Madeline Eastman

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Madeline Eastman
Birth nameMadeline Louise Eastman
Born (1954-06-27) June 27, 1954 (age 68)
San Francisco, California, U.S.
Occupation(s)Singer, producer, educator
Years active1990–present
LabelsMad Kat

Madeline Louise Eastman (born June 27, 1954) is an American jazz singer.

At 18, while watching the movie Lady Sings the Blues Eastman became enchanted with Diana Ross's portrayal of vocalist Billie Holiday. Not yet realizing how serious and dedicated she would need to be, Eastman considered becoming a jazz singer.[1] She has listened to Miles Davis, particularly his 1960s quintet with Wayne Shorter, Herbie Hancock, Ron Carter, and Tony Williams. Among vocalists, her prime inspiration is Carmen McRae, in addition to Ella Fitzgerald and Sarah Vaughan.[2] She began performing publicly in 1974 at Shenanigan's in Palo Alto.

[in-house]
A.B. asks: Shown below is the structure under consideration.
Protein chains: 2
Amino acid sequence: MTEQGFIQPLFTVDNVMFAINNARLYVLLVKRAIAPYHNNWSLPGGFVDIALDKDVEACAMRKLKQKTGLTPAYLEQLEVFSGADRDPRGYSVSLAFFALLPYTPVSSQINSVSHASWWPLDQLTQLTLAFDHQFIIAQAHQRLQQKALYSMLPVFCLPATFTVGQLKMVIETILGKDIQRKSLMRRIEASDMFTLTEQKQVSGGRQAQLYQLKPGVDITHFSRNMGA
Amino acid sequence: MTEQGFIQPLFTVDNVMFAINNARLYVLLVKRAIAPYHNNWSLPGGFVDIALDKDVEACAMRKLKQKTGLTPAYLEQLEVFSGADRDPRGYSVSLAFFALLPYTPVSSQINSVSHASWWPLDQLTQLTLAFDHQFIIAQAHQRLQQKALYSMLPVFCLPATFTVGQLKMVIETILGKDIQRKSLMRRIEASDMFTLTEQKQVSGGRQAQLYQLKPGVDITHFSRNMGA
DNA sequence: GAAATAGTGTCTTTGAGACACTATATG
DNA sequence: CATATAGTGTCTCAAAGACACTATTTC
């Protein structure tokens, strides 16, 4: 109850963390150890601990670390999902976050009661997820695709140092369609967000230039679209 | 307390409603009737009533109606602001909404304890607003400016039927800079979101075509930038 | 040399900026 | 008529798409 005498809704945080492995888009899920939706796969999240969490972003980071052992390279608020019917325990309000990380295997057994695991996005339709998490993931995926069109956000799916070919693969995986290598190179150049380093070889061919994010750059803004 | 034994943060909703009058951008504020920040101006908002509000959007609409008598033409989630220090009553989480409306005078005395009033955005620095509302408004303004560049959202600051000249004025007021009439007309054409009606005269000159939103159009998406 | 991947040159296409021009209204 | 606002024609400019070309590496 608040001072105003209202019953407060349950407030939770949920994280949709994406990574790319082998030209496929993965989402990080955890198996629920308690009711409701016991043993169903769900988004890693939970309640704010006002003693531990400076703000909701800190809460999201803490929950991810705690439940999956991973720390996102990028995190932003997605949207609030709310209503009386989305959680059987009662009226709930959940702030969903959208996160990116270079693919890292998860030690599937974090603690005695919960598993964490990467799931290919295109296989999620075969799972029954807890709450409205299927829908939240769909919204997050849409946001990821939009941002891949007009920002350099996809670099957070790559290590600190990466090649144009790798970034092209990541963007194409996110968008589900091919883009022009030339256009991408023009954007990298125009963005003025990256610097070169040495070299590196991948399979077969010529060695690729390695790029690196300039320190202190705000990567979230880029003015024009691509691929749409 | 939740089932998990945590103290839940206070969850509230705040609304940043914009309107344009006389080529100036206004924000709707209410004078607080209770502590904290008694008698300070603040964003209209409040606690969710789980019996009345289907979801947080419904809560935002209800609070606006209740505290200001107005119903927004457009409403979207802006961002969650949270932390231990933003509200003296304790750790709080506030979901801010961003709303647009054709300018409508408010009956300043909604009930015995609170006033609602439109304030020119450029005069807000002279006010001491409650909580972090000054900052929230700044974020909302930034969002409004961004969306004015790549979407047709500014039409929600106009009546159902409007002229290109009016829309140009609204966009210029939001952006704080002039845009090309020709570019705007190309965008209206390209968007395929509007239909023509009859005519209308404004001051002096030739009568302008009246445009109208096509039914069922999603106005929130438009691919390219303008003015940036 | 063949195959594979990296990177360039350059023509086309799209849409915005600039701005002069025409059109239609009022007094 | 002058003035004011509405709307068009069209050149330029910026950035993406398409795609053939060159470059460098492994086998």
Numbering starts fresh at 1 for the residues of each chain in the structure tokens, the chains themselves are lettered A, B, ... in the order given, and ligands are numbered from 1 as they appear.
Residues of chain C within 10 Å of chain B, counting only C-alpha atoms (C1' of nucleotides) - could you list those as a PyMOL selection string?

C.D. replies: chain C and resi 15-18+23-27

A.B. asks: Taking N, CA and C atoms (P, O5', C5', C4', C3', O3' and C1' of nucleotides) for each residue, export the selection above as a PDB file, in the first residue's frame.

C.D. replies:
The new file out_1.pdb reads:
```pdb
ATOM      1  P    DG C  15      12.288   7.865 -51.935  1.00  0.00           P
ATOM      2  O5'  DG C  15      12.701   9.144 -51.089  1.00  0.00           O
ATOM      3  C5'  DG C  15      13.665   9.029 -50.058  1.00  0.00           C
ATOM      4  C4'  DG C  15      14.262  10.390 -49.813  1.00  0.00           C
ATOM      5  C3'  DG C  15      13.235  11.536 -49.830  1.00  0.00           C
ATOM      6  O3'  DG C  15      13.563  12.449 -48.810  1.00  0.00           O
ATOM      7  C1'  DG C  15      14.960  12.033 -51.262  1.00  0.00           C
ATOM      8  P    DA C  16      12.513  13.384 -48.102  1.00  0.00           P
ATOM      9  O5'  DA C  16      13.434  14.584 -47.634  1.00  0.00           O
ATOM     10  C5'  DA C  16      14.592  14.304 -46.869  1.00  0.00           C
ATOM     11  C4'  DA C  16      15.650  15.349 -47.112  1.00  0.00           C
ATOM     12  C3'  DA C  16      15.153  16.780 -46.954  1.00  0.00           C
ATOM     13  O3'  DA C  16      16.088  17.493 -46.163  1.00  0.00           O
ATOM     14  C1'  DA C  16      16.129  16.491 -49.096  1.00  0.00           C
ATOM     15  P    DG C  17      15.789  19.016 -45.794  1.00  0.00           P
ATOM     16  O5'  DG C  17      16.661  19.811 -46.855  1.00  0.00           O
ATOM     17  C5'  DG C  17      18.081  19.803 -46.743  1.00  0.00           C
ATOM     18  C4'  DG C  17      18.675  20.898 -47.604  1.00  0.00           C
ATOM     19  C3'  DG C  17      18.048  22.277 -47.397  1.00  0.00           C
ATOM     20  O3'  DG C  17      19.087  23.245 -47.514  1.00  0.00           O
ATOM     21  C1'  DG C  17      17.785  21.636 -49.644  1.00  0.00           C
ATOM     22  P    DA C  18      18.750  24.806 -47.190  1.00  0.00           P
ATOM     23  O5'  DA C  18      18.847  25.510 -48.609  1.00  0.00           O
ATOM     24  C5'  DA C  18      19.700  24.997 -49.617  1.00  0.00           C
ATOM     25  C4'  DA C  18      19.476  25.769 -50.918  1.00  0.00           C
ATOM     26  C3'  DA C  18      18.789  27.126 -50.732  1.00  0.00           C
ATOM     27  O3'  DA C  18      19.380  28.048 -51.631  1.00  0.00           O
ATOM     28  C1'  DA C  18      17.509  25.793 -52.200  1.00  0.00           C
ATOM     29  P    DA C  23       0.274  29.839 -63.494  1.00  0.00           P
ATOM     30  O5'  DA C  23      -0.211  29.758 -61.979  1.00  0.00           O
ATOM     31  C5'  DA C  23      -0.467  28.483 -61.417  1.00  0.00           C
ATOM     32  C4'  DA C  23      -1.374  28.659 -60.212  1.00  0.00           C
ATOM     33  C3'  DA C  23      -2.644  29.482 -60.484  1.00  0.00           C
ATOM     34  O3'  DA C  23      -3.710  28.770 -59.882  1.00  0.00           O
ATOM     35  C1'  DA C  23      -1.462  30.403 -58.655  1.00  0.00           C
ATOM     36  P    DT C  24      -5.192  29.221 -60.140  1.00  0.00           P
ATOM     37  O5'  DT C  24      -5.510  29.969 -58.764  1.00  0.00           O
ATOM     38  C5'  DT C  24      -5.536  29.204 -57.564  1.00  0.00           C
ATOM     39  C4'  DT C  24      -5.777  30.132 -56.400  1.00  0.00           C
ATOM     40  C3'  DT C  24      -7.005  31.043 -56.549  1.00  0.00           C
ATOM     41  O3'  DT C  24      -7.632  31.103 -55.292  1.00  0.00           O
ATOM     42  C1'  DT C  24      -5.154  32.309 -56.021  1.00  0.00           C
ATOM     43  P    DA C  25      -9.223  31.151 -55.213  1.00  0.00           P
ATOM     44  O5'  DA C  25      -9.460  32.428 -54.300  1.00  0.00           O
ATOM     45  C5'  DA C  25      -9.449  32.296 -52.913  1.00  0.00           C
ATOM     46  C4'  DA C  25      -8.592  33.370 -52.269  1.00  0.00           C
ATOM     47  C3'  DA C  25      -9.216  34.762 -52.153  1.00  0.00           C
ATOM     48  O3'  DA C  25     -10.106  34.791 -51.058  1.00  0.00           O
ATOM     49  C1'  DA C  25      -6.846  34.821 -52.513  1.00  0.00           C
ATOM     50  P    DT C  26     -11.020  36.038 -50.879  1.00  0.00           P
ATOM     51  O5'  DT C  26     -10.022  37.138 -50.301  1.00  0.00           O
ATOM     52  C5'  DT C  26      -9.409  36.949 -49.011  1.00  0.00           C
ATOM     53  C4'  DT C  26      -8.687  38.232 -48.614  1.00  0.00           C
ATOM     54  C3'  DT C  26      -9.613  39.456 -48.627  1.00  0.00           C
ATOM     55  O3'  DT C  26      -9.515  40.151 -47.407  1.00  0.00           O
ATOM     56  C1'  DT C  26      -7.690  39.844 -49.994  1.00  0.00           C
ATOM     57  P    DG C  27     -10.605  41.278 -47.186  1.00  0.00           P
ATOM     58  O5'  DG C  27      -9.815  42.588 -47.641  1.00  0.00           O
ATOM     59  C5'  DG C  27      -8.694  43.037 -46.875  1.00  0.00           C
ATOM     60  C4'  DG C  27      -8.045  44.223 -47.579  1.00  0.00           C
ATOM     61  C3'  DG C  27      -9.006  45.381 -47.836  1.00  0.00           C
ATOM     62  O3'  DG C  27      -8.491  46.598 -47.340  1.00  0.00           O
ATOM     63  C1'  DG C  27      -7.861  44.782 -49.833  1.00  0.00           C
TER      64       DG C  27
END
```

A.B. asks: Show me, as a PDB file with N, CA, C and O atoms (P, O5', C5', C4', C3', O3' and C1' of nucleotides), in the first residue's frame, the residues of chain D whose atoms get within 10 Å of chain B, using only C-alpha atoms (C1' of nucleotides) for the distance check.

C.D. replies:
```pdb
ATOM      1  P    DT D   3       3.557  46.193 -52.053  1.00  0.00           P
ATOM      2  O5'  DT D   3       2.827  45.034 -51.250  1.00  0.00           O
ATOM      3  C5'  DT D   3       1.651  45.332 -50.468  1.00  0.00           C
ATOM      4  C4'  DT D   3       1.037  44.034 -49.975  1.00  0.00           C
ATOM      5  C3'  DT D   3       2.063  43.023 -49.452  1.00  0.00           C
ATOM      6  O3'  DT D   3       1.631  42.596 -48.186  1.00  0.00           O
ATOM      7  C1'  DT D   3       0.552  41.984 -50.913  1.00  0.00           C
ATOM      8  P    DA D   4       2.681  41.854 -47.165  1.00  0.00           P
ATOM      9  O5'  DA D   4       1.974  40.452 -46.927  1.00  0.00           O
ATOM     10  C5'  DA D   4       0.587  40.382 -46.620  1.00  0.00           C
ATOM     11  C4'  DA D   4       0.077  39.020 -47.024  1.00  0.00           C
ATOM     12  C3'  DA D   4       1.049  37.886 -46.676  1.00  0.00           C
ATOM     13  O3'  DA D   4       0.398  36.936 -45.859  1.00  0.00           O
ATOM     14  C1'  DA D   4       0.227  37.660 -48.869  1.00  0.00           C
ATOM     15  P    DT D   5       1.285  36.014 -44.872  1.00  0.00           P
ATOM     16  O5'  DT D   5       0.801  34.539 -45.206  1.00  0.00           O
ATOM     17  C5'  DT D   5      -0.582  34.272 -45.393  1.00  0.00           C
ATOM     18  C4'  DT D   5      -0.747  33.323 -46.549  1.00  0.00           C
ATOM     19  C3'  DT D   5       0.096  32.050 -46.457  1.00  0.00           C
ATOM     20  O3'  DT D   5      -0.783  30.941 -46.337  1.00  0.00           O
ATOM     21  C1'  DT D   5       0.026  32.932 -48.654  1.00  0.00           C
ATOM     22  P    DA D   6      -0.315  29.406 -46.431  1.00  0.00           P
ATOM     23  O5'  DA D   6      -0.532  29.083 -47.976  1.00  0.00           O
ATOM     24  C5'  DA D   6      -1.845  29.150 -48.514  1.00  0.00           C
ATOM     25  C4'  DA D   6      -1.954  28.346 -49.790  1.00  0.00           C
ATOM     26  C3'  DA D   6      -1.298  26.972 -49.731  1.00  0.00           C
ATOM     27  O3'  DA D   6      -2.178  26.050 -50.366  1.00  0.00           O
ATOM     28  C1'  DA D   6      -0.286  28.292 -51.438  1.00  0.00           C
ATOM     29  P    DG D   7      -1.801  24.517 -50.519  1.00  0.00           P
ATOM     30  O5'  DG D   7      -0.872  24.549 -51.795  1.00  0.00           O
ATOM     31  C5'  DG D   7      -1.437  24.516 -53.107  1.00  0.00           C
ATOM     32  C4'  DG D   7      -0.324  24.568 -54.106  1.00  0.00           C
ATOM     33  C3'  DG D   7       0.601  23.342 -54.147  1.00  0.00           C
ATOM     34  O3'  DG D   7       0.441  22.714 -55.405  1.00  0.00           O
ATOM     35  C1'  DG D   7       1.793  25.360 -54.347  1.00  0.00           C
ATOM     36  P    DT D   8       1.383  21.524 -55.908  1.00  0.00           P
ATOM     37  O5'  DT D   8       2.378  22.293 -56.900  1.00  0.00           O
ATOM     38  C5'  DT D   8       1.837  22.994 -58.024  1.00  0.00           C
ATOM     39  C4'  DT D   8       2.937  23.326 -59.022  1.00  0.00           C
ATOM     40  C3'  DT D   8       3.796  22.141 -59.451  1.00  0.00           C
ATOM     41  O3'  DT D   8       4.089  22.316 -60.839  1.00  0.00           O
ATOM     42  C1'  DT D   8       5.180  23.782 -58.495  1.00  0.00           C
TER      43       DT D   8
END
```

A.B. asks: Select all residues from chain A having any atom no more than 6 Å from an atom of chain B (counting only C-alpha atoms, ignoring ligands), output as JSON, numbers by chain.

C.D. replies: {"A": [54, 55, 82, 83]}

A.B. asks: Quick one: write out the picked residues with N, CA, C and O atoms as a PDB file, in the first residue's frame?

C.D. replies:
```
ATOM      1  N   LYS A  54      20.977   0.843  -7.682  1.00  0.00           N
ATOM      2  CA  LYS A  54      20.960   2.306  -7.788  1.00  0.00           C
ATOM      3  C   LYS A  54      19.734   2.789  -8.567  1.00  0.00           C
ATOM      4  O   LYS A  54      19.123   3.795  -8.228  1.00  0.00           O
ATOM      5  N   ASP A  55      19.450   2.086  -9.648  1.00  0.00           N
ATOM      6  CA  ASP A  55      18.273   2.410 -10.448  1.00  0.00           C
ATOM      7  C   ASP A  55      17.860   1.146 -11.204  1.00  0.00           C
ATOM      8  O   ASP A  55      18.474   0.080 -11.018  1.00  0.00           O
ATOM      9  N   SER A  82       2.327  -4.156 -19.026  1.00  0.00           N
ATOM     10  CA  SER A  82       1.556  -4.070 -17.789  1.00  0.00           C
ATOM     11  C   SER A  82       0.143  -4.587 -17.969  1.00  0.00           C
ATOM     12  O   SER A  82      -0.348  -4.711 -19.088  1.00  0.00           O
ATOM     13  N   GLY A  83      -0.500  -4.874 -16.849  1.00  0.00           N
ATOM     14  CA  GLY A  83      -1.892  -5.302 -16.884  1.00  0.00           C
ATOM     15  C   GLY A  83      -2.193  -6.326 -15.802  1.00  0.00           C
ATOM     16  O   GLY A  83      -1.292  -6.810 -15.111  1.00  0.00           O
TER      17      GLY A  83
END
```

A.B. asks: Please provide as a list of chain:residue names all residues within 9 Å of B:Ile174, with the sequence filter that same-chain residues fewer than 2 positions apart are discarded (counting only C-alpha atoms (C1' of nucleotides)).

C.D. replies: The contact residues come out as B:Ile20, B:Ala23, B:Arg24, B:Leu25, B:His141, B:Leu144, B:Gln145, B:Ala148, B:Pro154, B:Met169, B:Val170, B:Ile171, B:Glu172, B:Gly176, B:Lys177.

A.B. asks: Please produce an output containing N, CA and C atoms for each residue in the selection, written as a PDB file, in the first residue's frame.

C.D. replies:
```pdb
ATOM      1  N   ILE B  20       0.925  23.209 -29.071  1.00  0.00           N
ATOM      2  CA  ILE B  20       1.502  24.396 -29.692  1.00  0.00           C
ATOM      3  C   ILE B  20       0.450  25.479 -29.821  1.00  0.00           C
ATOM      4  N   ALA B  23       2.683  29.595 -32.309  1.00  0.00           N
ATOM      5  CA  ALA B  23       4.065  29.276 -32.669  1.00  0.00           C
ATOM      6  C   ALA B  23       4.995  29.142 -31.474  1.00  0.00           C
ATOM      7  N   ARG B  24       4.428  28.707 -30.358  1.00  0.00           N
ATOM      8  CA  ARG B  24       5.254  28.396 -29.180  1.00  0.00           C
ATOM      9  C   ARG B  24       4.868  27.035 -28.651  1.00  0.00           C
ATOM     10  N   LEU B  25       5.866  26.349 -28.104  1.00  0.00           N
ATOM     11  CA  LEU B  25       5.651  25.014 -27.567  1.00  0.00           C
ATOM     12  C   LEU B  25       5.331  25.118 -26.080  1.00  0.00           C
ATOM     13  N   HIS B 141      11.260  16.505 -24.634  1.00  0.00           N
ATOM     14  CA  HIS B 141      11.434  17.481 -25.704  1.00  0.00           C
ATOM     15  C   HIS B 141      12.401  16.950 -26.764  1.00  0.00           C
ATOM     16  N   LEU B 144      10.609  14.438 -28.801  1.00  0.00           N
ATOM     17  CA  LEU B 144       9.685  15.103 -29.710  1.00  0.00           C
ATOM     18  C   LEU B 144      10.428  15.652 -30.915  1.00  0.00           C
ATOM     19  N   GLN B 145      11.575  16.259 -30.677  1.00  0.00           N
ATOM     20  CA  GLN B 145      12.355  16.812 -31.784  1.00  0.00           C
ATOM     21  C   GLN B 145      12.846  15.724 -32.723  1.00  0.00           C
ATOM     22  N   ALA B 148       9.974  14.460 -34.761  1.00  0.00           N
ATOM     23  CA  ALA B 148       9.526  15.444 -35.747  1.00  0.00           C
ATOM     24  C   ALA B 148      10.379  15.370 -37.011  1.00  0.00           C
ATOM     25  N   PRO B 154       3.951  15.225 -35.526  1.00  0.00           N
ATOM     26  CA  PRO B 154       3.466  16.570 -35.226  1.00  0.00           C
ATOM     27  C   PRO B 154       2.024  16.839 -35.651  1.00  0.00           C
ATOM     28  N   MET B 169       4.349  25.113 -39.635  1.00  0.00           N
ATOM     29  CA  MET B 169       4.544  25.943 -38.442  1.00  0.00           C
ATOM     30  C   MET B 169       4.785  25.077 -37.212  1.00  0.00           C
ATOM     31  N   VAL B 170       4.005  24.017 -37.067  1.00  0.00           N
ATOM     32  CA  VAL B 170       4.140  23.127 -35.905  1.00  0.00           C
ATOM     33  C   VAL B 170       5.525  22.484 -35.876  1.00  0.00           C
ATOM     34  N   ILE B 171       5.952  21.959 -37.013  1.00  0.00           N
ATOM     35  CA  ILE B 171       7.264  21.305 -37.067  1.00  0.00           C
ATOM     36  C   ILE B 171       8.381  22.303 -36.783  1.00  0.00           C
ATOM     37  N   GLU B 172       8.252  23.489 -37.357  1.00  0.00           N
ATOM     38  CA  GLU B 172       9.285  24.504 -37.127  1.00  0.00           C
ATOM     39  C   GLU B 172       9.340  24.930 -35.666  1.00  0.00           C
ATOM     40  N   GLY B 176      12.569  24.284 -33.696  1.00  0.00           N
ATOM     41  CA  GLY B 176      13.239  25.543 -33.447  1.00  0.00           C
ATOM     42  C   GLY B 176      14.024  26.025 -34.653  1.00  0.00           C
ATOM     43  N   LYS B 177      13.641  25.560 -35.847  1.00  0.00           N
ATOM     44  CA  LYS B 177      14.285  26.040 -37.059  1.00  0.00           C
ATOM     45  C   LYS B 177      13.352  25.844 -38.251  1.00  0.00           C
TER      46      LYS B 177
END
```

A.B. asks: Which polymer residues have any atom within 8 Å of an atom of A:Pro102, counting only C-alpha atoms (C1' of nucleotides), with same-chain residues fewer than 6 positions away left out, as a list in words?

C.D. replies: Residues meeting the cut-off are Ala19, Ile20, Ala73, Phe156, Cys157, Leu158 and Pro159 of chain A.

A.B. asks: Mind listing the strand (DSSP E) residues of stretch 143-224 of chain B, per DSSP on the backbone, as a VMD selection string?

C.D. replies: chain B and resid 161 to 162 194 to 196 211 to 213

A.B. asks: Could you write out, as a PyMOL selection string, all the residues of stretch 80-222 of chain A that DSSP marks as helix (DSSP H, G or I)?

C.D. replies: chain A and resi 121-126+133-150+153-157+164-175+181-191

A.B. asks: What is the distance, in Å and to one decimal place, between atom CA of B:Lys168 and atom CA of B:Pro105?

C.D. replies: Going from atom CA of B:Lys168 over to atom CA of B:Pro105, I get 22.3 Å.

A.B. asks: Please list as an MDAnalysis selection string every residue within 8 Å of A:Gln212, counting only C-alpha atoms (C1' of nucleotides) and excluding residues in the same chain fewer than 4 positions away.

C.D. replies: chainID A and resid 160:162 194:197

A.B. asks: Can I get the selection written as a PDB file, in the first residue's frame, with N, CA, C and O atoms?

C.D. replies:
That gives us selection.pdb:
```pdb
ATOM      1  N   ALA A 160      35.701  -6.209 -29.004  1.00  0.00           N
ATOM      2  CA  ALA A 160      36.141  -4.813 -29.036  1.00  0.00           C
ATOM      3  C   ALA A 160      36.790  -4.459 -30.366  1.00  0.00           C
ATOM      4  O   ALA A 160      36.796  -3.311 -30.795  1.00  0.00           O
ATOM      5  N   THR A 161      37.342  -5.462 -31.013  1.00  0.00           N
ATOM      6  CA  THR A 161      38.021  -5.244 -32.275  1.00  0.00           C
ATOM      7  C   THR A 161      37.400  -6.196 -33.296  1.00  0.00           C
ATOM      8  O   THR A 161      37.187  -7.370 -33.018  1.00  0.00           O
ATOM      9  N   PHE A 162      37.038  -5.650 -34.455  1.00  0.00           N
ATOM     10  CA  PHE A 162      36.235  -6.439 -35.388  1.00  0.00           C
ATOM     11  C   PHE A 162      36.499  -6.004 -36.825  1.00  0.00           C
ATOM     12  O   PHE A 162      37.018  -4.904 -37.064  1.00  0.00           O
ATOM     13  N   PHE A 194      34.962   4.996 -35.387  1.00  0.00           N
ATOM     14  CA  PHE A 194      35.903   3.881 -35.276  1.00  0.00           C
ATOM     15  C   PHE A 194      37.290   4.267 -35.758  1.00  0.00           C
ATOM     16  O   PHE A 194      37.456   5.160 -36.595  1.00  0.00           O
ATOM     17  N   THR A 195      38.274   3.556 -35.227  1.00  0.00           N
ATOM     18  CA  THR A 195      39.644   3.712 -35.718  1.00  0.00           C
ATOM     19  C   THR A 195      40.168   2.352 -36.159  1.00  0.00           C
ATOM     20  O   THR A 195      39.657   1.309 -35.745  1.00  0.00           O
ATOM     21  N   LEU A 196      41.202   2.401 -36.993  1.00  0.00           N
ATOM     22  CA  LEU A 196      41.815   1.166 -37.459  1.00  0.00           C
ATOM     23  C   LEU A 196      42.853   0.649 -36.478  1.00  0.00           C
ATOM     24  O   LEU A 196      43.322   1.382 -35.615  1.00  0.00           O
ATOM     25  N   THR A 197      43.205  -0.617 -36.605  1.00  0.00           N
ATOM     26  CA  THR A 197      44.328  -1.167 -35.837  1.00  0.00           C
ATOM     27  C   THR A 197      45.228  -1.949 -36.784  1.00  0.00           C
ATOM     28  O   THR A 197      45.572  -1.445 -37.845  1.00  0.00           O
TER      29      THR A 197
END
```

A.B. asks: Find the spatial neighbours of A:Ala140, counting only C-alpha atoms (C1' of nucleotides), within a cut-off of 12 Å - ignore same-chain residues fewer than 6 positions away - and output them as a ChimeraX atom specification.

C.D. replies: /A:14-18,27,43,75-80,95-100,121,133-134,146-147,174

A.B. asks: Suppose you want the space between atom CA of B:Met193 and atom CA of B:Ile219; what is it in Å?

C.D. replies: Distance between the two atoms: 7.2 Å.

Eastman has sung in Japan, Finland, New York City, San Francisco, and at the Cotati Jazz Festival,[3] Monterey Jazz Festival, and the Glasgow Jazz Festival. She has taught at the Stanford Jazz Workshop and at the Jazzschool in Berkeley, California.[4]

Eastman and vocalist Kitty Margolis started the record label Mad Kat. She has recorded with pianists Cedar Walton and Kenny Barron, saxophonist Phil Woods, bassist Rufus Reid, and drummer Tony Williams.

In 2004, Eastman won third place in the Down Beat magazine Readers' Poll for Best Female Jazz Vocalist and made the list of Talent Deserving Wider Recognition in the Critics' Poll.


Year Title Genre Label
1990 Point of Departure Jazz Mad Kat
1991 Mad About Madeline! Jazz Mad Kat
1994 Art Attack Jazz Mad Kat
2001 BARE, A Collection of Ballads Jazz Mad Kat
2003 The Speed of Life Jazz Mad Kat
2008 Can You Hear Me Now? LIVE Jazz Mad Kat
2012 A Quiet Thing Jazz Mad Kat


  1. ^ Jazz Vocalist Madeline Eastman Archived October 22, 2004, at the Wayback Machine
  2. ^ Make no mistake, Madeline Eastman's 'got something to say musically'
  3. ^ "Livin' Is Easy: Cotati Jazz Festival". Retrieved April 1, 2008.
  4. ^ Berkeley Jazz School Archived September 22, 2007, at the Wayback Machine